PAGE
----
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Book A Life Less Anxious: Freedom from panic attacks and social anxiety without drugs or therapy by Steve Pavilanis (2009-11-11)


A Life Less Anxious: Freedom from panic attacks and social anxiety without drugs or therapy by Steve Pavilanis (2009-11-11)

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    Available in PDF - DJVU Format | A Life Less Anxious: Freedom from panic attacks and social anxiety without drugs or therapy by Steve Pavilanis (2009-11-11).pdf | Language: UNKNOWN
    Steve Pavilanis(Author)

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2.5 (11812)
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  • PDF | Unknown pages
  • Steve Pavilanis(Author)
  • Alpen Publishing Company (1737)
  • Unknown
  • 5
  • Other books

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Review Text

  • By Jabberjaw on August 20, 2010

    I thought this book had some great tips and advice for overcoming anxiety and fears. It also helped me see life in a more positive way. The problem I had was the negative view of medication. I just don't want people to read the book and think medication is not an alternative. One of the problems the author had was he mixed alcohol and SSRI antidepressants/anxiety medication. You cannot mix these 2 drugs! The SSRI's medication will not be effective! It also sounds like the author had an alcohol problem which can cause anxiety too. His first panic attack came after he drank heavily the night before and was badly hungover and dehydrated the next day(pages 3-4).I personally completely stopped drinking alcohol and also take anxiety medication that has done wonders for my life. My Doctor says he thinks my biggest change is due to not drinking alcohol. Anyhow, just wanted to mention that. I do carry around the list of 10 things from this book (page 152) in my wallet along with another list from a book called "The Easy Way to Stop Drinking". Find your right combination. But you have to cut out the alcohol if you take medication or want to improve your life. I also have cut back on my medication with no side effects or issue. I plan to cut out completely soon. Thanks and Good Luck to all.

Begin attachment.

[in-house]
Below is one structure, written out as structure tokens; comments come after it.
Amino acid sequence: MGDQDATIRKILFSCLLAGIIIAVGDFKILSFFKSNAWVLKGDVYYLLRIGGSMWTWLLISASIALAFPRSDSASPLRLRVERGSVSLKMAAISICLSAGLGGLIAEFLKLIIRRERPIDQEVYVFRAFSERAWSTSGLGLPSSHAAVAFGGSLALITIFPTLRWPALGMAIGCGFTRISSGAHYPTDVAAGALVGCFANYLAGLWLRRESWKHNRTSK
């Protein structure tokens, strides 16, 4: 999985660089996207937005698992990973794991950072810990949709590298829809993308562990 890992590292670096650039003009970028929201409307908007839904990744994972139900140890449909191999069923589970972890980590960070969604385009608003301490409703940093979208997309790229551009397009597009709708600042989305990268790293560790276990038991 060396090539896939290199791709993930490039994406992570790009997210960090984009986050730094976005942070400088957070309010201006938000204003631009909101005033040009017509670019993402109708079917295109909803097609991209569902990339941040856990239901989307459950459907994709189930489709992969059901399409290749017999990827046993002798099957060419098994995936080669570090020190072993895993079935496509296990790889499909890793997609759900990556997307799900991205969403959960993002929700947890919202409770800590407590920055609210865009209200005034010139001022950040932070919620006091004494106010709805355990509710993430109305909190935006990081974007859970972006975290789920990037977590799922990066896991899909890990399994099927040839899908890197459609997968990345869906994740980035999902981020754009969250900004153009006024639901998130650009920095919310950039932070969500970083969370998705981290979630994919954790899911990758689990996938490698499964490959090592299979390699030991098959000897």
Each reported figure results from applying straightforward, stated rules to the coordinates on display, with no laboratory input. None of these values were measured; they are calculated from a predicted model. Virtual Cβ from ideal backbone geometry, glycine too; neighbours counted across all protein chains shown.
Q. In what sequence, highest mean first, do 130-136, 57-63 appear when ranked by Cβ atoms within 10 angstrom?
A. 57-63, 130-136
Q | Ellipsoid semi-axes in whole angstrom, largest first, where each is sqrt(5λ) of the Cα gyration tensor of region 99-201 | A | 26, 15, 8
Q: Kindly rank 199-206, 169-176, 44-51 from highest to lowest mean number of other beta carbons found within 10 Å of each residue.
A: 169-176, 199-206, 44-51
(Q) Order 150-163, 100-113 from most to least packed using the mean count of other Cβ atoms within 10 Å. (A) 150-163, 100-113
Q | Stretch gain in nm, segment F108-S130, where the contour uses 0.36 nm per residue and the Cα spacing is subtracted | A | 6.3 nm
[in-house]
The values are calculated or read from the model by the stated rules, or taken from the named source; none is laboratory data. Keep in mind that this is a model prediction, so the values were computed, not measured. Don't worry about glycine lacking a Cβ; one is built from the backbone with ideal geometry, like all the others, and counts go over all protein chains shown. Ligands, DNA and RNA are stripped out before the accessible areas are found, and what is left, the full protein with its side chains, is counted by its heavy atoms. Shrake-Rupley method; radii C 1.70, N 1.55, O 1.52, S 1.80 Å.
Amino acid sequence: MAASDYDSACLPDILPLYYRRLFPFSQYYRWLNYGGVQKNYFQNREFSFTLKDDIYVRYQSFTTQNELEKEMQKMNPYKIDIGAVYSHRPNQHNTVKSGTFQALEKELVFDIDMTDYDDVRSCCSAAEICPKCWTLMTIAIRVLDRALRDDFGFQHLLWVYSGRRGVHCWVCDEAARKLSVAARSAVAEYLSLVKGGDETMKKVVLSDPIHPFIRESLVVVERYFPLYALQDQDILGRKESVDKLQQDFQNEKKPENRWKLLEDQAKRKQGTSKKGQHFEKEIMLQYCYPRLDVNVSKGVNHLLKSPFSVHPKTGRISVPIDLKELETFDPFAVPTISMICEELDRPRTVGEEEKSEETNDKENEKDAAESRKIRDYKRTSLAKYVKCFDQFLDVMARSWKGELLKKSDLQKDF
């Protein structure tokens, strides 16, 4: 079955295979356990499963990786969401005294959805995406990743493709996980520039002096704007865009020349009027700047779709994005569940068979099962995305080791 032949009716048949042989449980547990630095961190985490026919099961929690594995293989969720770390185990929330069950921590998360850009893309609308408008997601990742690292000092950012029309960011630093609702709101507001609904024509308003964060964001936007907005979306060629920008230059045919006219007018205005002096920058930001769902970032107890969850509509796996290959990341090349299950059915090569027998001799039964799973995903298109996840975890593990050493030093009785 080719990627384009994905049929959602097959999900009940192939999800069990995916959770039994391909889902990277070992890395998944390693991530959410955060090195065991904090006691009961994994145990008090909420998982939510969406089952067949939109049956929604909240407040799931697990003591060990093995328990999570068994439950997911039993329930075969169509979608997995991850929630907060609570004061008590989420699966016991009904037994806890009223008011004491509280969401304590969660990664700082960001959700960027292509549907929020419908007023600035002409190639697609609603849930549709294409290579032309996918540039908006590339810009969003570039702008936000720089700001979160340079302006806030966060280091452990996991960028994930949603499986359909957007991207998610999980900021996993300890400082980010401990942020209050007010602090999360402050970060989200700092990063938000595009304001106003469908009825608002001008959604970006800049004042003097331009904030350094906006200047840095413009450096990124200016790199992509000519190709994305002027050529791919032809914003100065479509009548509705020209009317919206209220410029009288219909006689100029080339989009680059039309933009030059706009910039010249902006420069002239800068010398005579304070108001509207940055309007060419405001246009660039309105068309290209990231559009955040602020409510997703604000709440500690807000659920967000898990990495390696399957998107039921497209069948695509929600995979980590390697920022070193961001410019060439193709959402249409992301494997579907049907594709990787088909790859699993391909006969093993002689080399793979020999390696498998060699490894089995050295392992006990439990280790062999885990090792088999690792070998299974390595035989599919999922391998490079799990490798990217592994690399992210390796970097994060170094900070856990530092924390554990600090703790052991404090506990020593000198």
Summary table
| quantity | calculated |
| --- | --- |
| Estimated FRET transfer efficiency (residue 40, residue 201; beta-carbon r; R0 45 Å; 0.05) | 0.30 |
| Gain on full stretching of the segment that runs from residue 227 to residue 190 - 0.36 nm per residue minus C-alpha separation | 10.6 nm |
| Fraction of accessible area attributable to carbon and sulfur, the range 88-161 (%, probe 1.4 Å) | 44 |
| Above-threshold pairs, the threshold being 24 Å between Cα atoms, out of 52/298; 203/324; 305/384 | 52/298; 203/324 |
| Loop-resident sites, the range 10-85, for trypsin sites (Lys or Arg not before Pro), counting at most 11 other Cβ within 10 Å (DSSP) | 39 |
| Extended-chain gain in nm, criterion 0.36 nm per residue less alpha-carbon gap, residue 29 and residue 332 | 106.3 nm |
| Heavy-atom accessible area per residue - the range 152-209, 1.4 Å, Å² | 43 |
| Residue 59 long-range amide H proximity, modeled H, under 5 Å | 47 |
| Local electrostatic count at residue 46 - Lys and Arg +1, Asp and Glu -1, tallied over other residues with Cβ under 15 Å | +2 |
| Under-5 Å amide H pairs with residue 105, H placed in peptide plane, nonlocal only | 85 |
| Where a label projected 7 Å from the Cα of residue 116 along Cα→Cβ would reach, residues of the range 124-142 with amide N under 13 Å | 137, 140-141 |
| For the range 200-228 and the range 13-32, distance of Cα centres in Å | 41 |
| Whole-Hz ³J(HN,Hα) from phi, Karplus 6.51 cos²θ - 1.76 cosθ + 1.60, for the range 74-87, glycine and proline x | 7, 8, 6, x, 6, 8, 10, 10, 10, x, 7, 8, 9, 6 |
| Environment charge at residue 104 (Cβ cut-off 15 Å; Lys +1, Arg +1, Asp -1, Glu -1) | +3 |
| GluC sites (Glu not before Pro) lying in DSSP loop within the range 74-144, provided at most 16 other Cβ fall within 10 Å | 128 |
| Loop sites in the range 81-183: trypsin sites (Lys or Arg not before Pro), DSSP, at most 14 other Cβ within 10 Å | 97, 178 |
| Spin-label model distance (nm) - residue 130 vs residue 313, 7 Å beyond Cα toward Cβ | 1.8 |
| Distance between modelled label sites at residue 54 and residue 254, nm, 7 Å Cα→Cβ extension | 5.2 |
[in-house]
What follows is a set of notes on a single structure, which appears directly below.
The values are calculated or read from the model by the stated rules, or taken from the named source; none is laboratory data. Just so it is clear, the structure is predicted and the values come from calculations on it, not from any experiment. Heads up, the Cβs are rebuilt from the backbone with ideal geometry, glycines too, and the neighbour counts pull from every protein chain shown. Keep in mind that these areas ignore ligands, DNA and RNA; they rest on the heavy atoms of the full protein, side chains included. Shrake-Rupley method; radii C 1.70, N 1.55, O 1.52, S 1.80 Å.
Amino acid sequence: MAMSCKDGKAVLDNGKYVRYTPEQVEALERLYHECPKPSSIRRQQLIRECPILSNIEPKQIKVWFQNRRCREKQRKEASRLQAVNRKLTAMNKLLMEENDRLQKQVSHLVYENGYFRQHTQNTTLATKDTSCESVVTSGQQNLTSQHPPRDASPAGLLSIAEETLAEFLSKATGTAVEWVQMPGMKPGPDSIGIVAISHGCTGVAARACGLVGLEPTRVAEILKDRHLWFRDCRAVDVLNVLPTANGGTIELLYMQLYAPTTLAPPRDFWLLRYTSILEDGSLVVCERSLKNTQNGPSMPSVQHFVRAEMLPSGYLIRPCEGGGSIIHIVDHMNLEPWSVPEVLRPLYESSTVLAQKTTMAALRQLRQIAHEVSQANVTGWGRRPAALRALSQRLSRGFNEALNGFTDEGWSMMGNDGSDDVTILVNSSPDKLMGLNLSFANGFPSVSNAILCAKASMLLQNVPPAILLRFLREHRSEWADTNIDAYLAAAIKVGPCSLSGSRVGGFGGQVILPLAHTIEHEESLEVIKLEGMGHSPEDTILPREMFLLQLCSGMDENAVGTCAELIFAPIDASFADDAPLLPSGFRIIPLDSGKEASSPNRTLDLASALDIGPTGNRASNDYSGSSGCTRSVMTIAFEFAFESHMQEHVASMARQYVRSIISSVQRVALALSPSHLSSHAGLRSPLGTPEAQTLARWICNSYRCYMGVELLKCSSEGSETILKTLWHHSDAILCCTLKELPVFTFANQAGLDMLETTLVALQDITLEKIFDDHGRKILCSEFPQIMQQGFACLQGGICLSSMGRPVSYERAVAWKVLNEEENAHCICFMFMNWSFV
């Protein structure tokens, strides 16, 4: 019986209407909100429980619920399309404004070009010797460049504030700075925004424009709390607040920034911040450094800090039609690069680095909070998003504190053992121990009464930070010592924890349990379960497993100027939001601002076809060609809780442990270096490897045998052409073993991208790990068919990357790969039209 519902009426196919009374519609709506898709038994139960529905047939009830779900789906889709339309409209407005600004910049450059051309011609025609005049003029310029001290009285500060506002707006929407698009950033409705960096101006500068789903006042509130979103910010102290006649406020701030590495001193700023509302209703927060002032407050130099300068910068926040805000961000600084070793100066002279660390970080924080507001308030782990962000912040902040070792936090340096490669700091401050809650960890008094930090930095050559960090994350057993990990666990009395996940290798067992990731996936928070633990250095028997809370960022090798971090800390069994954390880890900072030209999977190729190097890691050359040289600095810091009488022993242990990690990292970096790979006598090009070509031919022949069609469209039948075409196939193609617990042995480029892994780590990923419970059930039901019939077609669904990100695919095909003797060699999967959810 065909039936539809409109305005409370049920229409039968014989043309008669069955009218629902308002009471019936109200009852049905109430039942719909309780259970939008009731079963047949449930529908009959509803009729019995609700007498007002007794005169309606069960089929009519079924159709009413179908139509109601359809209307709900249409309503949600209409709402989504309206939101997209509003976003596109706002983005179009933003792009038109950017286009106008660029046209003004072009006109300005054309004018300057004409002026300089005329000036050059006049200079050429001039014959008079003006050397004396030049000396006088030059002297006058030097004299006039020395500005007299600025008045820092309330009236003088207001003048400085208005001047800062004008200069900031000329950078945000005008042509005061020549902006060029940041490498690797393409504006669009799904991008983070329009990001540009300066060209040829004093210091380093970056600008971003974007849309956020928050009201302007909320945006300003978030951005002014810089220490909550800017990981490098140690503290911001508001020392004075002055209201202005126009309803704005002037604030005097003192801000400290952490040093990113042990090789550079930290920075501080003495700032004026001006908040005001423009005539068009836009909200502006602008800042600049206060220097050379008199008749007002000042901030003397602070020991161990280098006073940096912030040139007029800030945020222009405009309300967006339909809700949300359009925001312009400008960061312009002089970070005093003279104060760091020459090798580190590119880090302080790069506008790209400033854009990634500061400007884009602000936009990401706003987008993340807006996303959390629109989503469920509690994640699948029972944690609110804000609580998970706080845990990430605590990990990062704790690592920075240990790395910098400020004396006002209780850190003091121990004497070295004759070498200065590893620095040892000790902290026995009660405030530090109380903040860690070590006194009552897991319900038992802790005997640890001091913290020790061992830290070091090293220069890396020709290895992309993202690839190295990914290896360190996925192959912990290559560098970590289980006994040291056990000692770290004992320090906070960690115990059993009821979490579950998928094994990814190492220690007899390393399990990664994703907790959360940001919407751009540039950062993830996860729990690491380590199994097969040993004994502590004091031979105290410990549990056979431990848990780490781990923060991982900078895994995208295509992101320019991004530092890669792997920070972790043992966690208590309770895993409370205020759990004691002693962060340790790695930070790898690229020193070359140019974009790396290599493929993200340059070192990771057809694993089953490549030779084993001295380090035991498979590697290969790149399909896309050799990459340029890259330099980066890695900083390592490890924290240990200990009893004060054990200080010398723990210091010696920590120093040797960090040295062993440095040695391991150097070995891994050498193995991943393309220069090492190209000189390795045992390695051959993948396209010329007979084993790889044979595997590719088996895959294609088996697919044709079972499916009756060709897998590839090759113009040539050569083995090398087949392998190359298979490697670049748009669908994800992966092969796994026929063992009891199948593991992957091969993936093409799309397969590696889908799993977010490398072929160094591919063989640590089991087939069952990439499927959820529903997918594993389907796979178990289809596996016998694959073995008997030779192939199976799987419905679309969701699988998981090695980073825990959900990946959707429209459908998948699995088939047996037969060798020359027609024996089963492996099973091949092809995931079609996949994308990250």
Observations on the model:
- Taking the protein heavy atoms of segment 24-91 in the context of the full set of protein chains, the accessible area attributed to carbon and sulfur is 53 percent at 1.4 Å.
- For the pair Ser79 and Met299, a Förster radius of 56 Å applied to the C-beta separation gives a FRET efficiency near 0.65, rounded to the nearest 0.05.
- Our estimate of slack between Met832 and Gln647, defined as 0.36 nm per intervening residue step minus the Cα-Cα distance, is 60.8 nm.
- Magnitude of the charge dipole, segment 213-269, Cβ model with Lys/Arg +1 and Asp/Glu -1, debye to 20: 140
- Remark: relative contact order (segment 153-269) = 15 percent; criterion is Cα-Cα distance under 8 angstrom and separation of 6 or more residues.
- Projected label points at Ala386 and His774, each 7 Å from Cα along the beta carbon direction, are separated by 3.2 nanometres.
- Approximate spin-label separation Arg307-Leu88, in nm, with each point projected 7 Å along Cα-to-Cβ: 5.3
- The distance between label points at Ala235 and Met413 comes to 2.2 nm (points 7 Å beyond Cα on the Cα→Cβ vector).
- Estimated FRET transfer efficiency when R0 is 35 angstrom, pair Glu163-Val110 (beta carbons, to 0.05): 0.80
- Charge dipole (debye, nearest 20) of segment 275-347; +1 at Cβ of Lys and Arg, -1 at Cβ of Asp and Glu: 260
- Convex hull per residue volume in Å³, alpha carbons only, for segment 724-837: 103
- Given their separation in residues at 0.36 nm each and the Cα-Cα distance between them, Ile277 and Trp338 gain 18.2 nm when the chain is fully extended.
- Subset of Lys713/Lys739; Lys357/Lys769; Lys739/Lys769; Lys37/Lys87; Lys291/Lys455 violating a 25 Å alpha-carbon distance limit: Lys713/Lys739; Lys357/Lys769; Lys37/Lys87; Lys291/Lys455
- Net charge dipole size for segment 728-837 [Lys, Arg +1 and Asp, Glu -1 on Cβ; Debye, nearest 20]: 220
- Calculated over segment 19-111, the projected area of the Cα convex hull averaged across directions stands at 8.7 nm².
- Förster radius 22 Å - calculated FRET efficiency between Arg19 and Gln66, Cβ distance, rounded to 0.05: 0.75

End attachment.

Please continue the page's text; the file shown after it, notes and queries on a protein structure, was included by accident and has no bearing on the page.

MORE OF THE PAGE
• By Rachel on September 20, 2012

    Here's a quick & easy way to figure out if this book will be helpful:1) do your panic attacks, like the author's, always last for 30 seconds or less? Once they're over do you feel refreshed and completely fear-free?2) while at your most anxious, are you only worried about what you might do wrong instead of what might happen *to* you?3) is the trigger to your anxiety or panic attacks something you can easily gain access to daily?If you answered yes to these questions, congratulations. This book may be helpful to you. However, if you are someone whose panic lasts for longer than 30 seconds, you will read the book and shake your head. If your fears are centered around things you cannot control rather than your own actions, this book will frustrate you. If you do not have the opportunity to face your fears head on multiple times a day (i.e. fear of flying, etc) then the advice in this book will be useless to you.I suggest reading the free excerpt available from Kindle before purchasing this book. It's really all about the author, and if your circumstances aren't the same as his, look elsewhere.

  • By marissa on October 1, 2012

    this book was almost completely discribing panic. so then what? his few solutions were completely useless for me. my awnsers came from naturopathic doctors who helped rebuild the endocrine system. the force yourself stuff only makes it worse for someone with true panic.

  • By Claire on December 27, 2011